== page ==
Ireland ready to put World Cup hopes on the line once more

Martin O’Neill’s contract extended for two years, but focus is on crucial Moldova match

Ireland arrive for training on Friday ahead of their crucial double header against Moldova and Wales. Photograph: Ryan Byrne/Inpho

Ireland arrive for training on Friday ahead of their crucial double header against Moldova and Wales. Photograph: Ryan Byrne/Inpho


Martin O’Neill, it seems, will not be going anywhere when this qualifying campaign is over. We still don’t know about his team but John Delaney, the manager has confirmed, no longer sees the two issues as inextricably linked. If the next four days go as badly as the year has to date, that just might make for a lively debate in the wee hours of Monday night and Tuesday morning.

The northerner had been tight-lipped in the face of repeated inquiries about his future of late but chose Thursday’s pre-match press conference to reveal that he has spoken with Delaney and that “there’s a willingness on both sides”.

He subsequently went further in an interview issued last night through the association’s own social media accounts, revealing: “I spoke to John very recently and he said on behalf of the board he would like to extend my contract for another couple of years, and I’ve agreed to do so.”

It appears that nothing is signed but that O’Neill and all of his backroom staff, Roy Keane included, have indicated their willingness to stay on, with the detail of their new deals still to be finalised.

“I’m delighted,” said O’Neill, “Obviously qualification for the Euros made it all worthwhile and we’re still in this competition also.”

How long Ireland are in this competition also remains to be seen; the worst-case scenario being around 9.30 on Friday evening, with a loss to Moldova combined with a win for Wales in Tbilisi spelling the end of the road for O’Neill side.

Clearly, the manager and his players would be expecting rather better than that and are sure to be focused on the possibility of qualification. The possibility of Ireland coming up short seemed to be on Delaney’s mind six weeks ago when he told journalists, in reply to a question about whether O’Neill’s contract would be renewed before the end of the campaign: “We’ll leave that aside until a clear picture evolves on whether we qualify or not. It’s logical to leave everything until all the games are complete.

“We’ve got two big matches coming up,” he continued. “Let’s just all focus on Tbilisi and Serbia at home and take it from there. We’re looking forward to seeing how September goes. We could win the group, finish second for a playoff, third or fourth, it’s still very open.”

Altered timeframe

It is not quite clear those September results – a draw in Georgia and a loss at home to Serbia – could have so altered that timeframe, but they did pretty much narrow Ireland’s prospects to second or third place in Group D, only one of which carries even the possibility of progression.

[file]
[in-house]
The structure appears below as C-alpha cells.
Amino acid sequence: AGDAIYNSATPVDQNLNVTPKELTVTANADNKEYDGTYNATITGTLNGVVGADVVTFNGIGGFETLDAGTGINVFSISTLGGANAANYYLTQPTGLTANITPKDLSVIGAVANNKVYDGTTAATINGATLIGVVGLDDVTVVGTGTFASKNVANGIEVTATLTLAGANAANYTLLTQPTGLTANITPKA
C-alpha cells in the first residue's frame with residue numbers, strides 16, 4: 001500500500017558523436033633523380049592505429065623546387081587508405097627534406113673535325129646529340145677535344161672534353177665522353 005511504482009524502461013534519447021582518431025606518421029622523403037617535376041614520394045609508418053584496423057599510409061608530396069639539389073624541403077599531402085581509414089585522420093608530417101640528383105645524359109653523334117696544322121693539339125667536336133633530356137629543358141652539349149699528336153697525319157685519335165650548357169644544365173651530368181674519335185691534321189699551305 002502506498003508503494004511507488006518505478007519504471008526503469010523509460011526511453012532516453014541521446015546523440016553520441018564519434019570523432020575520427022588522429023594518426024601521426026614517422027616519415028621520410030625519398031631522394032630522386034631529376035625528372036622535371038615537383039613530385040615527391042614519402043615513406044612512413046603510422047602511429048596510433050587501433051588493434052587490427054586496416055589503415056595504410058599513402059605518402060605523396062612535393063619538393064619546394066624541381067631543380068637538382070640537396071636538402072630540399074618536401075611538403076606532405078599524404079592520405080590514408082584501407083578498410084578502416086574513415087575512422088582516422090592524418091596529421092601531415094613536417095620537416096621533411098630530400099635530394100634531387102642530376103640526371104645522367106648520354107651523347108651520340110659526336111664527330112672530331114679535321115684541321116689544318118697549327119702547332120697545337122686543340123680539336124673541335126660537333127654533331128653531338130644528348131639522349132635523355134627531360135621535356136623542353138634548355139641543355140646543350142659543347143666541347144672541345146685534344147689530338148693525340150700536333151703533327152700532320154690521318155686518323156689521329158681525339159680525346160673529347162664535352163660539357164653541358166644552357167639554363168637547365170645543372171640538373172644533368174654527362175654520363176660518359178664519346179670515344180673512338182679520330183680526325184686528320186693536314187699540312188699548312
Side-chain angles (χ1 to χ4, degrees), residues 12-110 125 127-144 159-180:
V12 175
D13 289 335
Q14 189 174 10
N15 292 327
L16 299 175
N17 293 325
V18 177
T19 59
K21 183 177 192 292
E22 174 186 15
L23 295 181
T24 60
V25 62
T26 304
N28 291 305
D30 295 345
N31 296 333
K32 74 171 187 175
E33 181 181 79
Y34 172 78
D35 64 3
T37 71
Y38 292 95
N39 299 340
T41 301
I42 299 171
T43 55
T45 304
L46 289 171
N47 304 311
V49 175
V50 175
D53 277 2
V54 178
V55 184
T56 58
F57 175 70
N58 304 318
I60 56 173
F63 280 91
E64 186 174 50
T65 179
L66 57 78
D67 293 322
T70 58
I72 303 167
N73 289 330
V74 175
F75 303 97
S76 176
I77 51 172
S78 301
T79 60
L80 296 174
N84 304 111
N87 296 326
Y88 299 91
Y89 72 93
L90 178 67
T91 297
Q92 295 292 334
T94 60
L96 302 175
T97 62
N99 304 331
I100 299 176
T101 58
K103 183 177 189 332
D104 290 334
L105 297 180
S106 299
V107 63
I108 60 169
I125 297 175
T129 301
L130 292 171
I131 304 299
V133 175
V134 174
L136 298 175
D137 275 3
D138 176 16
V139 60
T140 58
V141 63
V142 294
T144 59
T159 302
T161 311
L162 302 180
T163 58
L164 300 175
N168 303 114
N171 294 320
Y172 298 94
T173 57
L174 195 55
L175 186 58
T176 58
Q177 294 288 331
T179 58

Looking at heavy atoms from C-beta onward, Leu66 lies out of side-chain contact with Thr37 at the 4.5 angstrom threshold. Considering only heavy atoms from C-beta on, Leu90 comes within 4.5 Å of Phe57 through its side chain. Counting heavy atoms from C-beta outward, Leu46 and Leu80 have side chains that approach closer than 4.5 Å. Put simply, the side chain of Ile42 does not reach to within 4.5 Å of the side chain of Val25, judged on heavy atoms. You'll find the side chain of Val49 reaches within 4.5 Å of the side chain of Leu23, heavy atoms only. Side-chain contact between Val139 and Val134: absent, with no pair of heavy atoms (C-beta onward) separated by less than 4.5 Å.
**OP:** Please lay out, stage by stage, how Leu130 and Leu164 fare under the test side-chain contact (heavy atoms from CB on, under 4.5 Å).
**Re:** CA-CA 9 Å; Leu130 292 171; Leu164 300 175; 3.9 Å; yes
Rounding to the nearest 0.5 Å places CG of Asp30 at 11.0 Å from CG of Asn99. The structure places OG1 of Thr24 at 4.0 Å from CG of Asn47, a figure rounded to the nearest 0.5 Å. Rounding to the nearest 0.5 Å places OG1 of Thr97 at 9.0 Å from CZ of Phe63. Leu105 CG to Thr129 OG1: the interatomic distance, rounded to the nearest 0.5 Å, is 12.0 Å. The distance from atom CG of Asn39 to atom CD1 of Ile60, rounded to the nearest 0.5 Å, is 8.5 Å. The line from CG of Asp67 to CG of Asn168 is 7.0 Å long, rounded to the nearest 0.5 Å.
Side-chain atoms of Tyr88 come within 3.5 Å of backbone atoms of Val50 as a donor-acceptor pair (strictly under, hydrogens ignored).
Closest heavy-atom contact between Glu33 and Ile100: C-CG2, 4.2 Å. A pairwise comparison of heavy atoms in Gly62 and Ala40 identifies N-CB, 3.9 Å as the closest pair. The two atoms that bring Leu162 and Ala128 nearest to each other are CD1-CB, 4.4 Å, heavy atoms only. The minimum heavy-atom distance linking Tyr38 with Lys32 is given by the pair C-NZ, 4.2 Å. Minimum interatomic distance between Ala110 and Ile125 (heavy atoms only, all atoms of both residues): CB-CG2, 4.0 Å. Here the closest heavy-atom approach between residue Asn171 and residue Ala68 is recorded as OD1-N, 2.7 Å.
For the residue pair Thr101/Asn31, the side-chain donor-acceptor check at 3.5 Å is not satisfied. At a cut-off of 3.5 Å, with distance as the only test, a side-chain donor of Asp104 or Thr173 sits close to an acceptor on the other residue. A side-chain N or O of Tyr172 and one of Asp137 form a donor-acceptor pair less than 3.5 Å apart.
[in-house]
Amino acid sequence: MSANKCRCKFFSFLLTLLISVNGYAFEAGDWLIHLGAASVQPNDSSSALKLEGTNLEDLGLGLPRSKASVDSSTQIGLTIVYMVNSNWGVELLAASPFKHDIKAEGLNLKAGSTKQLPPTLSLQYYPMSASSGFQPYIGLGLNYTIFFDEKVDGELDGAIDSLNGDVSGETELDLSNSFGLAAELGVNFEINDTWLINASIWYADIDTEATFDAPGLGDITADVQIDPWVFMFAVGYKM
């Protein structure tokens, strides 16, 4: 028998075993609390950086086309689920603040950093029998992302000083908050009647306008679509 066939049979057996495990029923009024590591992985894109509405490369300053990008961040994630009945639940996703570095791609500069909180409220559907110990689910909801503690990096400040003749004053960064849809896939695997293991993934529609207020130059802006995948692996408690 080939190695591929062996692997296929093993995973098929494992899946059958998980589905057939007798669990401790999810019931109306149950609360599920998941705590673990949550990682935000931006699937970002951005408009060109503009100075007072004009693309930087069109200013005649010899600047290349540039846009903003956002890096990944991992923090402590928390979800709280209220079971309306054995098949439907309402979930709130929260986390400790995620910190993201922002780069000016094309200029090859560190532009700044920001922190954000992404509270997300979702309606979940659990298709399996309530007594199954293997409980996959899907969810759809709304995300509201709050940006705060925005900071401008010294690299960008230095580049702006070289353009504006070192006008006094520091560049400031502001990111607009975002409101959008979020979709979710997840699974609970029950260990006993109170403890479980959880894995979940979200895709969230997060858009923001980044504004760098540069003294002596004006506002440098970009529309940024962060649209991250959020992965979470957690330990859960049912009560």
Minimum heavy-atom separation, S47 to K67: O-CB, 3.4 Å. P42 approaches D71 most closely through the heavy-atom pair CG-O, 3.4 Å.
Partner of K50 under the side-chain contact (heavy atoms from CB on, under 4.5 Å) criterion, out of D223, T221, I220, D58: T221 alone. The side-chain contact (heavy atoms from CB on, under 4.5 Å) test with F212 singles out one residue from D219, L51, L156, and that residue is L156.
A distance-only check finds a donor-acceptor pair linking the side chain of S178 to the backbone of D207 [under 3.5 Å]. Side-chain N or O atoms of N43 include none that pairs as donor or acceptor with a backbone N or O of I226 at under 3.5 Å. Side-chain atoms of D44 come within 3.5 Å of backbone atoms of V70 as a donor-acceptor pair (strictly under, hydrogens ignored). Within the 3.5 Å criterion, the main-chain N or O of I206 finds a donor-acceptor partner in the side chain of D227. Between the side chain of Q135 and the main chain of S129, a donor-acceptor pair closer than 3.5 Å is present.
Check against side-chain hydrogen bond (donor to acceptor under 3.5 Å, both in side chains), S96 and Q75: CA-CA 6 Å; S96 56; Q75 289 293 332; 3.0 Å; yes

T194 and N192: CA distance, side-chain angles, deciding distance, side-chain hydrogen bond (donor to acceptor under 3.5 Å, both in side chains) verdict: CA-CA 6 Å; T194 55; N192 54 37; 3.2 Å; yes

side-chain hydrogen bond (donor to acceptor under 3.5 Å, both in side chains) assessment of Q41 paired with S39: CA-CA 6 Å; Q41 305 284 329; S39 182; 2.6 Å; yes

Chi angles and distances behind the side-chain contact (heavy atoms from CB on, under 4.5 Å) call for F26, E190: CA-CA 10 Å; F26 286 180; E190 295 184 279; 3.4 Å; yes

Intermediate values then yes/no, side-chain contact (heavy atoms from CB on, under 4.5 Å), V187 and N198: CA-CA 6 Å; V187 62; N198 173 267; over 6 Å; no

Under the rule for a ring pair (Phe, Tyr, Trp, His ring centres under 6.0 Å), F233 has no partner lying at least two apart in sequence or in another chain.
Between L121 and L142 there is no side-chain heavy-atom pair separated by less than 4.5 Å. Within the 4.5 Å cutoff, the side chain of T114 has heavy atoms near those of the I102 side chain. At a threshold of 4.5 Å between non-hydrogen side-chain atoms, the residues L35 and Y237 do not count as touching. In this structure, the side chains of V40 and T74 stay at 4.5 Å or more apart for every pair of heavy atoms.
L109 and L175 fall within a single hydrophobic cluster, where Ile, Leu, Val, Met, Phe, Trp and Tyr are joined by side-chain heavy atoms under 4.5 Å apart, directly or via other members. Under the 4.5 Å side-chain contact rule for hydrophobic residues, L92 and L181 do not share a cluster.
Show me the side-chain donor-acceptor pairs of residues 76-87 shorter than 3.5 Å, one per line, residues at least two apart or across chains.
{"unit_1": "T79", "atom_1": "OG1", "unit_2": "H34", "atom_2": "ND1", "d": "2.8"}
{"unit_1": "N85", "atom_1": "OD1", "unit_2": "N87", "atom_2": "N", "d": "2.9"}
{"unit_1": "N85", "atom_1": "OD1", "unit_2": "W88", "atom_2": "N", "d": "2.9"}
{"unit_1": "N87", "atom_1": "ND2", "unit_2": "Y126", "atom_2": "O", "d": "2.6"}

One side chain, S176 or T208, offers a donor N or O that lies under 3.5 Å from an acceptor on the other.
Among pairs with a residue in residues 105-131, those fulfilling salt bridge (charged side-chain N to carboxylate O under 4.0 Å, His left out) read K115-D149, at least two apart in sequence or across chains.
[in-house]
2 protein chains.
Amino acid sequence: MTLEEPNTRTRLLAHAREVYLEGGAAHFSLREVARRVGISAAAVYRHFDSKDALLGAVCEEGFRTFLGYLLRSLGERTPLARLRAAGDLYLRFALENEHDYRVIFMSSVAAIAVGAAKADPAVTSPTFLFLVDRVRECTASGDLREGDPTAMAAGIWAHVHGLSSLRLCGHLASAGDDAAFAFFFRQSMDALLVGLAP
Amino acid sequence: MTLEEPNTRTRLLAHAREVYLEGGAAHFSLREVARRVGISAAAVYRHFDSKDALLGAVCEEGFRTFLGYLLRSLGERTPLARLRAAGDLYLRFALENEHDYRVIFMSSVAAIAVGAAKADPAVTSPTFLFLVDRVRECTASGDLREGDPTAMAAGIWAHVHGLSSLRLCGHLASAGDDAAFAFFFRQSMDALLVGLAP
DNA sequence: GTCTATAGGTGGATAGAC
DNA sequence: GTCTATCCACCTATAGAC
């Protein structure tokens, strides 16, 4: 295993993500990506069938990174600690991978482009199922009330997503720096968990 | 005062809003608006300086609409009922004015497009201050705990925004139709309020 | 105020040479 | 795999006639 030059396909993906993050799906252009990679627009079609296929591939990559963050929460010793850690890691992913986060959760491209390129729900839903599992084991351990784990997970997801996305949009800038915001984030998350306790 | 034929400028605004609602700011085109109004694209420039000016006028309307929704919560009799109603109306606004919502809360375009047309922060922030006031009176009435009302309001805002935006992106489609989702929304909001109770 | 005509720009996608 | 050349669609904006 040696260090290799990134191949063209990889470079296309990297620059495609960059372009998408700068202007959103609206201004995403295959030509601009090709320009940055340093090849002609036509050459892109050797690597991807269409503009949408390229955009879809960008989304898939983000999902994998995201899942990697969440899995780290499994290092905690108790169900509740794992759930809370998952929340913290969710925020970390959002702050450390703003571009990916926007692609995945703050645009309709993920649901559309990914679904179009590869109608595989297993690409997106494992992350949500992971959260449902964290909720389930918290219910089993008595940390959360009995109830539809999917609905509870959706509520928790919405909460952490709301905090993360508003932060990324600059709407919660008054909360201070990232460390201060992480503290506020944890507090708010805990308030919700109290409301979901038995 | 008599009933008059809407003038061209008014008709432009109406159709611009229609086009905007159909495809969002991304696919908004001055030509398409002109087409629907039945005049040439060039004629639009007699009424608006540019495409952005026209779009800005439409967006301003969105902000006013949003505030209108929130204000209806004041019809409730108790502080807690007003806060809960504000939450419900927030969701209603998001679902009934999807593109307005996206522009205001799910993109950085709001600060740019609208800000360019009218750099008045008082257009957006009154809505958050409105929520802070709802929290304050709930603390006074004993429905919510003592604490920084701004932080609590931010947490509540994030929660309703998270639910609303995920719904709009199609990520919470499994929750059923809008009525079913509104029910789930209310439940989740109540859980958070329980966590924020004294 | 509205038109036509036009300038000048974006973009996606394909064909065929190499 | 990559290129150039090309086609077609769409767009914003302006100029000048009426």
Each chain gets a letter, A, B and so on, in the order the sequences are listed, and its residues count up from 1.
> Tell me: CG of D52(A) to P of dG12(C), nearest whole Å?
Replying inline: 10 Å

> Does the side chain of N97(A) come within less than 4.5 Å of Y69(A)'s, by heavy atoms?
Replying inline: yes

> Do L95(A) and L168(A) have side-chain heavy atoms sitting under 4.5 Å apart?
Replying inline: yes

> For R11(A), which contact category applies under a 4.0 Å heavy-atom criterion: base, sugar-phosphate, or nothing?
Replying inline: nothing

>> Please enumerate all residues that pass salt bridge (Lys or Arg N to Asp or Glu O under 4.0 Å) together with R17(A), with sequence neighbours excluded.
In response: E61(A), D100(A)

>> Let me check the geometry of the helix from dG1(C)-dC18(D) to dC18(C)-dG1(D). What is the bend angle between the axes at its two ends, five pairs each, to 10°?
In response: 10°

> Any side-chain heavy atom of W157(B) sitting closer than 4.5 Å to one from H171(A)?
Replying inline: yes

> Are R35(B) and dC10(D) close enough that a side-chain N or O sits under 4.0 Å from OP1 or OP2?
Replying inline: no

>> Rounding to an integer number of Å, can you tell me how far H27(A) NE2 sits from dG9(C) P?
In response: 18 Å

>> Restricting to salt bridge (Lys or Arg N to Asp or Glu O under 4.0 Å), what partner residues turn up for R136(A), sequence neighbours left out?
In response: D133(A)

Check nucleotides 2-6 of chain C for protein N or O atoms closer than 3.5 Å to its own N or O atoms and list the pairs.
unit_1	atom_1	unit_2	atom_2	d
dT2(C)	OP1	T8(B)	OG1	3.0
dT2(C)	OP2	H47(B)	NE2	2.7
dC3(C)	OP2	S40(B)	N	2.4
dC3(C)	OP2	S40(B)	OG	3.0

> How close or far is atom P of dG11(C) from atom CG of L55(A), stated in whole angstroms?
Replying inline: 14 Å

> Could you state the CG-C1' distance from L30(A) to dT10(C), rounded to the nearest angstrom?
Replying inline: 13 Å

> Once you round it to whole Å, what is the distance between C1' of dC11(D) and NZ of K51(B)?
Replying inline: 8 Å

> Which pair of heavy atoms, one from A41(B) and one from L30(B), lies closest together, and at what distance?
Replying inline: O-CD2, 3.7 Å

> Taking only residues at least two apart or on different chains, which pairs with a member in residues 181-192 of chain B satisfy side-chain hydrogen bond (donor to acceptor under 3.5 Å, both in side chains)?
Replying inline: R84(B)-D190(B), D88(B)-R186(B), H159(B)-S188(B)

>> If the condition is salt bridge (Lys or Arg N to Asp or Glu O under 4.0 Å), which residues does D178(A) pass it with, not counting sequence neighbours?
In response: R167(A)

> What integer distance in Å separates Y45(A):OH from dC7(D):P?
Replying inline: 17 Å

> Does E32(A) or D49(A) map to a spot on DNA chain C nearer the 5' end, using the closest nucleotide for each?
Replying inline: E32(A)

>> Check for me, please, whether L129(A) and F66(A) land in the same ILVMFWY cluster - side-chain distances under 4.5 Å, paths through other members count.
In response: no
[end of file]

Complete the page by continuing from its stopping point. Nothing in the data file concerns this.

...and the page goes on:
After what has thus far been a tough 2017, though, engineering an escape act now would go a long way towards restoring the mood that accompanied the best results – Germany, Italy, or Bosnia and Herzegovina – of his tenure.

He regularly alludes to those and mentioned his 100 per cent success rate in qualifying on Thursday, but failed to acknowledge that none of his predecessors had had the luxury of the team finishing outside the top two and still getting a play-off place.

A big, convincing, slightly stylish defeat of Moldova on Friday evening would, in any case, tee things up for Monday rather nicely but, in the circumstances, a ground-out victory against a side that, like Ireland, drew in Tbilisi, will surely suffice. The least that is expected now, though, is that this thing will be settled in Cardiff.

Friday night’s opponents cannot be discounted, but that does not mean that they should not be beaten. The squad is largely made up of players drawn from the local league’s clubs and though some St Patrick’s Athletic supporters may still have nightmares about Zimbru Chisinau, O’Neill should have enough at his disposal to safely secure the three points.


With James McClean, Robbie Brady (both suspended) and Jon Walters injured, the home side is a little shorthanded in attack, though. Shane Long seems set to retain his spot up front and Jeff Hendrick is bound to return, but O’Neill’s other selections will be interesting.

Callum O’Dowda got a hugely positive mention on Thursday and Daryl Murphy must be in with a shout of starting given his goal return at club level, but Wes Hoolahan and Aiden McGeady look the more likely to be entrusted with opening up a defence that the Welsh, for all their problems since, dismantled comprehensively enough on home soil in their opening game.

The manager may also shore up his defensive base by bringing back in one of the holding midfielders dropped last month in the wake of their poor performances in Tbilisi. Glenn Whelan started that 1-1 draw as captain and yet somehow Harry Arter, with his greater ability to turn defence into attack, seems the more logical option if he really is completely fit again.

James McCarthy might yet feature on Monday but it is hard to imagine he would be risked on Friday evening, although O’Neill suggested that he will not be holding too much back for what might be considered the bigger game of the two, observing that “if we win this match, other things take care of themselves”.

There are quite a few things to worry about all right, with even a win in Wales not entirely certain to resolve things in Ireland’s favour. Any less than one this evening, though, and there can no complaints about not getting to travel next summer.